Tuesday, November 29, 2011

Just Bring It!!

There comes a time in some of our lives where we have to get...kinda crazy and say, "JUST BRING IT!"  There are fears that hold us down, prior failures that keep us caged.  Sometimes bad memories of things that happend years ago cause us to experience the same terrible event daily. 

When dizziness strikes, many have a hard time forgetting what they felt.  Sometimes it never goes away.  When it hangs around, it can punish an individual every time they move.  If individuals who are battling dizziness have been cleared by their Doctors and they are terrified of moving for fear the problem could become worse, there may be a time when they need to dive into that sensation. 

I have witnessed amazing progress in people who develop somewhat of a crazy mentality of, "It's good to be dizzy" and they look forward to feeling the problem.  These individuals adapt a "just bring that dizziness my way and I will crush it" mentality.   It's amazing to witness the transformation in these individuals lives.

Thursday, November 24, 2011

We are thankful for

healthy balance systems that allow us to move, feel movement and see clearly when we move without having to think about it!

Wednesday, November 23, 2011

A highly sensitive person

may have minimal nystagmus, but perceive intense spinning.  I am fascinated by the variation in the way people perceive nystagmus.  I have seen some individuals with minimal nystagmus have a very intense response and report of dizziness while other individuals who have highly intense nystagmus have a minimal response.  In most individuals, the characteristics of their nystagmus matches their subjective complaints.   I have also noted that the highly sensitive person may tend to battle Migraines, Motion Sickness and Fibromyalgia.

Here is a great website that shares more details regarding the highly sensitive person:

There is also a self test on this site the individual can take.

Monday, November 14, 2011

Should a sick neck or a sick ear be treated first?

For instance, if an individual is suffering with BPPV and has severe neck pain...and can barely move their neck, which should be treated first?  In my opinion, generally speaking, the BPPV should be treated first if the goal is to help the person get rid of their problem as quickly and comfortably as possible.  One might ask, won't you hurt the neck more by completing the repositioning maneuvers?  The way I complete repositioning maneuvers, the answer is no.  I complete repositioning maneuvers working toward minimal stress to the neck through proper positioning, pillow placement and manual therapy table use. 

Once BPPV is corrected, the vestibulocollic reflex is no longer hyperactive, the individual is no longer punished for trying to move their neck and the neck pain/discomfort usually resolves very quickly without even having to begin neck therapy.

Stay tuned for more entries on when the neck should be treated prior to the ear when individuals are dizzy.

Wednesday, November 9, 2011

Sometimes you have to use a cane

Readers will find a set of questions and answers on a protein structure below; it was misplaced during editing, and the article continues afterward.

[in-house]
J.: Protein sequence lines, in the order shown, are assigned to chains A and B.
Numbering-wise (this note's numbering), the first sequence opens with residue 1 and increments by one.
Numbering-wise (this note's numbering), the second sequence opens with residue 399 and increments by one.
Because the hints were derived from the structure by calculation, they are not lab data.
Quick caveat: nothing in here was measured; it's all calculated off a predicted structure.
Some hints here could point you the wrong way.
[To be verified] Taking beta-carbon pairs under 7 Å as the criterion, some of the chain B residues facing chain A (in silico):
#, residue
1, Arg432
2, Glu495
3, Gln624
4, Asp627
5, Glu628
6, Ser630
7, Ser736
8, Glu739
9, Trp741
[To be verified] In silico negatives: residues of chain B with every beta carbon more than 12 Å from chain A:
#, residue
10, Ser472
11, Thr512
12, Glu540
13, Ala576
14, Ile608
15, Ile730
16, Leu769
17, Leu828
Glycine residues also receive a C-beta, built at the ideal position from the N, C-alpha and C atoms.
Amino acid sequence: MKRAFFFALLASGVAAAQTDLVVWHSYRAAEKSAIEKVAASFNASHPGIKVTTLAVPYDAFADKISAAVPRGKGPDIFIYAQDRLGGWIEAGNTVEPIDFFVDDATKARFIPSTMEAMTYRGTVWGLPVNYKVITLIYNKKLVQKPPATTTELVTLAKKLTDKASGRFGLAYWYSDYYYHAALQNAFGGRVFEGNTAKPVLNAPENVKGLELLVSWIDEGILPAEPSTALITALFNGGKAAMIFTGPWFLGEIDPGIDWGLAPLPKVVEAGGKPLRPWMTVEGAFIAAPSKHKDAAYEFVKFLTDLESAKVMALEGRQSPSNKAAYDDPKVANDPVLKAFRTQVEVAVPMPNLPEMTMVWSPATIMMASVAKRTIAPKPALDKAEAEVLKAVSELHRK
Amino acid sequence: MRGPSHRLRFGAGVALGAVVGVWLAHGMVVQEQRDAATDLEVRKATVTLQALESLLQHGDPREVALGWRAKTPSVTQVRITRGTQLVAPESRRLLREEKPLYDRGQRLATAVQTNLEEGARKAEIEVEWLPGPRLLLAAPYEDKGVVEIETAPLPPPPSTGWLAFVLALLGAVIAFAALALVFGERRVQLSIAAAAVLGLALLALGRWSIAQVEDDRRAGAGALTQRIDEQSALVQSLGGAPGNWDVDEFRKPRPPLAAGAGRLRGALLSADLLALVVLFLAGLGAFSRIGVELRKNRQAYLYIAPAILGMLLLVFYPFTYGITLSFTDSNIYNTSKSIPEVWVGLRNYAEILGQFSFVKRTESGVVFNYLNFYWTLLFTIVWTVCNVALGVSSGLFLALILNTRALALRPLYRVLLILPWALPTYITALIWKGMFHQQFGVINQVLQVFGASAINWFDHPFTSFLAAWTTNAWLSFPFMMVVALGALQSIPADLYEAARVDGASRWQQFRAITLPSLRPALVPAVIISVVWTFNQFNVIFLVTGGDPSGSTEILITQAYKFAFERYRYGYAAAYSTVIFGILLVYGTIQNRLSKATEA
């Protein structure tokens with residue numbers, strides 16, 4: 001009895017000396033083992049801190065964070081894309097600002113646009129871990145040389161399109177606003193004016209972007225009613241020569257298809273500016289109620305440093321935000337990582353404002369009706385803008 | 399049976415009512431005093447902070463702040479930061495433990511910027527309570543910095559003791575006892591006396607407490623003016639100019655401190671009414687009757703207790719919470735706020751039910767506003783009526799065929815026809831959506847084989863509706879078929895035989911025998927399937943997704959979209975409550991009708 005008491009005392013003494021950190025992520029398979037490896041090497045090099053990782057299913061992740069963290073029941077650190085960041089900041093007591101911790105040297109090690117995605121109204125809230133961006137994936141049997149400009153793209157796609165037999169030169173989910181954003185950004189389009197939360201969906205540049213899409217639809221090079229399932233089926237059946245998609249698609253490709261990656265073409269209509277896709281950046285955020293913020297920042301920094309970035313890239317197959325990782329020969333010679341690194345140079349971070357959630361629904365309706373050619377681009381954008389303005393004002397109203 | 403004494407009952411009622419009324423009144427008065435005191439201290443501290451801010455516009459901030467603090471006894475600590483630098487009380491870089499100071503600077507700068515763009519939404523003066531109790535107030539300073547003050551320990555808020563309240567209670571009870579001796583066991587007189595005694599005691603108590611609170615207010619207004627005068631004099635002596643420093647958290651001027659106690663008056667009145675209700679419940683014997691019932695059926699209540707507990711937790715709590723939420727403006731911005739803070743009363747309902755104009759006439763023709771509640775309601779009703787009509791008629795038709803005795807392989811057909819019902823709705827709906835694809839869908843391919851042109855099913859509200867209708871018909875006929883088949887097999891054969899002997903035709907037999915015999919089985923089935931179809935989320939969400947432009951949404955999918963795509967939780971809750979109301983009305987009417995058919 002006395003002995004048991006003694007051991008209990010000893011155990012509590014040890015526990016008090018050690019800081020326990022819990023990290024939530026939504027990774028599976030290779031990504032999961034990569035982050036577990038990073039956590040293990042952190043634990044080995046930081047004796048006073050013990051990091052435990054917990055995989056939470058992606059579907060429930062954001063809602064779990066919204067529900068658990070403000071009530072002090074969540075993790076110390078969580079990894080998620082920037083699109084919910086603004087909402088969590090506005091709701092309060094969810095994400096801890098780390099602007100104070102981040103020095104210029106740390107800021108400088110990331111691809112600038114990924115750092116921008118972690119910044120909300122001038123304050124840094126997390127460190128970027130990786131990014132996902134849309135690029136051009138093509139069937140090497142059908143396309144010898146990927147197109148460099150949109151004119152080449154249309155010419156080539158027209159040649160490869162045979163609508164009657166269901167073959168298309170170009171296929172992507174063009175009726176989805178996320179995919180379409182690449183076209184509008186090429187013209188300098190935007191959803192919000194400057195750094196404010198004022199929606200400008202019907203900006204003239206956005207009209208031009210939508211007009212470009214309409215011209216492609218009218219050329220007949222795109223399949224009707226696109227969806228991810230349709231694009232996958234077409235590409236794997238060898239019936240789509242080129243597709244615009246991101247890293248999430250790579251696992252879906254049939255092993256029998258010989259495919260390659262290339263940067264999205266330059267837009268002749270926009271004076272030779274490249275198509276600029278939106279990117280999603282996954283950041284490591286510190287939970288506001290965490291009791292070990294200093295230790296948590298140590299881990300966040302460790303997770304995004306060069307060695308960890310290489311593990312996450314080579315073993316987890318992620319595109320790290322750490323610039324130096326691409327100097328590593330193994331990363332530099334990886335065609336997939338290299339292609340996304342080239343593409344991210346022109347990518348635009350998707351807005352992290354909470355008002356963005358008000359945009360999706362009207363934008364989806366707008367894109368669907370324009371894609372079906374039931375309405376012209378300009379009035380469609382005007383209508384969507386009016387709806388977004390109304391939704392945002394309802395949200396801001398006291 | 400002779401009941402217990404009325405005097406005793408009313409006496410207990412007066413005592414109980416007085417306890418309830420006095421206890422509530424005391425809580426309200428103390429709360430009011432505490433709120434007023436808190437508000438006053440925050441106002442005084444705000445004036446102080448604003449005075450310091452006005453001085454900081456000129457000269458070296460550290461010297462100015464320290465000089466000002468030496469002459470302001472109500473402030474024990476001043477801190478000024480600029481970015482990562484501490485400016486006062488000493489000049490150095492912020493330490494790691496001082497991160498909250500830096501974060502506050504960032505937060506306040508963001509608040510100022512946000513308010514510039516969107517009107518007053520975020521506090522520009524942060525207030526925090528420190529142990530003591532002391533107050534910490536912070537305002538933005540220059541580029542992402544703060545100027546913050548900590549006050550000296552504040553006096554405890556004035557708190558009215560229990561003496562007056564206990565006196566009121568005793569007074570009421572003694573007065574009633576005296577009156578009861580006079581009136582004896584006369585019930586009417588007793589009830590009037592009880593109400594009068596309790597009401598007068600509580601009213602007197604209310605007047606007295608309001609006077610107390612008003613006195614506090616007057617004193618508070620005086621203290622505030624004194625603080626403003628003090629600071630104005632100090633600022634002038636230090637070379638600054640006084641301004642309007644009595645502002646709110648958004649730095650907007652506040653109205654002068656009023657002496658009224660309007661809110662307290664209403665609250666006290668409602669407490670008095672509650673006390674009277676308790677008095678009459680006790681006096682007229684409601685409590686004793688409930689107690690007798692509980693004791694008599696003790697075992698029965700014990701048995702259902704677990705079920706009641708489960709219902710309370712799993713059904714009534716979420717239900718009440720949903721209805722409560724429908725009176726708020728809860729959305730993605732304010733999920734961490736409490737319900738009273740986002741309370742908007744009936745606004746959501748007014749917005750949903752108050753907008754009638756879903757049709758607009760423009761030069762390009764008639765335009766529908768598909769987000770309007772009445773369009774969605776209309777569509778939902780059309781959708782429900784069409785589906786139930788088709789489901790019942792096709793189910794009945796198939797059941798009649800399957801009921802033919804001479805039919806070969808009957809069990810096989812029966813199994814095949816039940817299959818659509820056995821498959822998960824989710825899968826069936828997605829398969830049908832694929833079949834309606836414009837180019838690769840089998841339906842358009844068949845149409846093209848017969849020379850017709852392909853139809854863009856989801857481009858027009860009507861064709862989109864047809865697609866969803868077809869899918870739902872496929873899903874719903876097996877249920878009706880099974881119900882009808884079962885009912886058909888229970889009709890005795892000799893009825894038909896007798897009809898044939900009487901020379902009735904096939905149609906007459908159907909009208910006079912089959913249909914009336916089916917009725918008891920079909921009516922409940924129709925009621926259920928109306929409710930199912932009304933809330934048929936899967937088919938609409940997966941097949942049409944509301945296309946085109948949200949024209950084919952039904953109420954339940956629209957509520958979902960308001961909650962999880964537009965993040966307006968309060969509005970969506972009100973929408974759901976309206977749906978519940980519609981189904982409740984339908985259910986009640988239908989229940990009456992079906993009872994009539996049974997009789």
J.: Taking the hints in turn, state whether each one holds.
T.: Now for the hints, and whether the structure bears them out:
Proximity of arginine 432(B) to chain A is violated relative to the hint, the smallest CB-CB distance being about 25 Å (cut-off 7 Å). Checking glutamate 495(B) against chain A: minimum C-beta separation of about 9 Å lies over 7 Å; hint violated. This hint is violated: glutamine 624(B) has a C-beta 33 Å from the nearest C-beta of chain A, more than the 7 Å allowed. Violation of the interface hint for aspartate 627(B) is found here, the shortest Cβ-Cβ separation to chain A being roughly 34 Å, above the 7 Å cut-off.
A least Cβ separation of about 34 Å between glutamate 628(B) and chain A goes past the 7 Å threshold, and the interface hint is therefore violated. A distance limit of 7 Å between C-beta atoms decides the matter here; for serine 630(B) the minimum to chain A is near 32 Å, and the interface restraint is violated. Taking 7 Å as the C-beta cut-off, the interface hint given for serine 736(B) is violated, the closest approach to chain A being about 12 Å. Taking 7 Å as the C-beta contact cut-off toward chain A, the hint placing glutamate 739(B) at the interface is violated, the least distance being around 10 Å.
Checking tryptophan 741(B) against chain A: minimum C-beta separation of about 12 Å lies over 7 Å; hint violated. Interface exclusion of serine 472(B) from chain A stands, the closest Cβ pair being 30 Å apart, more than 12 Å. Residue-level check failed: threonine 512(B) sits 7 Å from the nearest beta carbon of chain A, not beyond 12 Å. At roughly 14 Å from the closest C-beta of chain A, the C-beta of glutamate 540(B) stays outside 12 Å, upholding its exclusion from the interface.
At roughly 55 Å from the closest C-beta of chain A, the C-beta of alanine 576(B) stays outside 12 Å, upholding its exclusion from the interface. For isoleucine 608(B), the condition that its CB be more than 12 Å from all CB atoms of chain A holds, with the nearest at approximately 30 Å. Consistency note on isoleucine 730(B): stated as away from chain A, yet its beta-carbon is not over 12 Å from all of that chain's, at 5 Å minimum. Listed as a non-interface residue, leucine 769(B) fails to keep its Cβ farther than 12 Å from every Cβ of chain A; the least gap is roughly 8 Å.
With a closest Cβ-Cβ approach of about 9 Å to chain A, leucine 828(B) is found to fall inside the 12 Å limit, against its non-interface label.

to make it through an acute vestibular attack.  Many of my clients believe they are "giving up" if they use a cane.  However, I believe if an individual is battling an inner ear problem that has not yet been corrected and they are having a difficult time walking safely, they should use a cane.  I think of a cane for a person with a vestibular problem like crutches for a person who broke their leg.  A person who brakes their leg will be able to quit using crutches once the leg has healed.  Once an individual's inner ear has healed, oftentimes they will be able to walk without a cane.

If an individual is not sure whether or not they should use a cane, physical therapists are trained in assesing fall risk.  They may use tests to help them determine whether or not a cane is needed.  Some of the tests used may be the Berg Balance Test, the Timed Up and Go and the Functional Gait Assessment.

Monday, November 7, 2011

Using adrenaline

to have better balance works for some individuals.  I have noticed that individuals who suffer vestibular disorders often perform better during competitive intense training.  When they are driven to remain focused and are competing to win, their balance performance greatly improves.

Sunday, November 6, 2011

Battling the enemy and winning

requires we know how the enemy sounds, moves, thinks and reacts to our efforts to stop it.  Problems causing dizziness are the enemies I battle all day in the clinic.  These problems are definitely the enemy of anyone battling dizziness.  Dizziness is terrifying and greatly harms an individual's quality of life.  To help win the war over dizziness, we must be able to identify the enemy.  We need to be able to do the following:
1.  Identify the kinds of sounds it makes.  In other words, how does the person's dizziness make them feel?  What dizzy language does it make them speak?
2.  How does it move the person?  In other words, how does the cause of dizziness impact the person's ability to move?  What does it do to their eyes, neck and balance muscles?
3.  How does it move within the person?  Is the problem causing the dizziness remaining consistent in it's attack approach or is it changing it's strategy?  Does it come and go within seconds, minutes, hours, weeks, days and/or months?  Does it attack at varying levels of intensity?
4.  How does it respond to termination attempts?   When implementing a variety of types of vestibular rehab and other therapy approaches, does it go away as expected?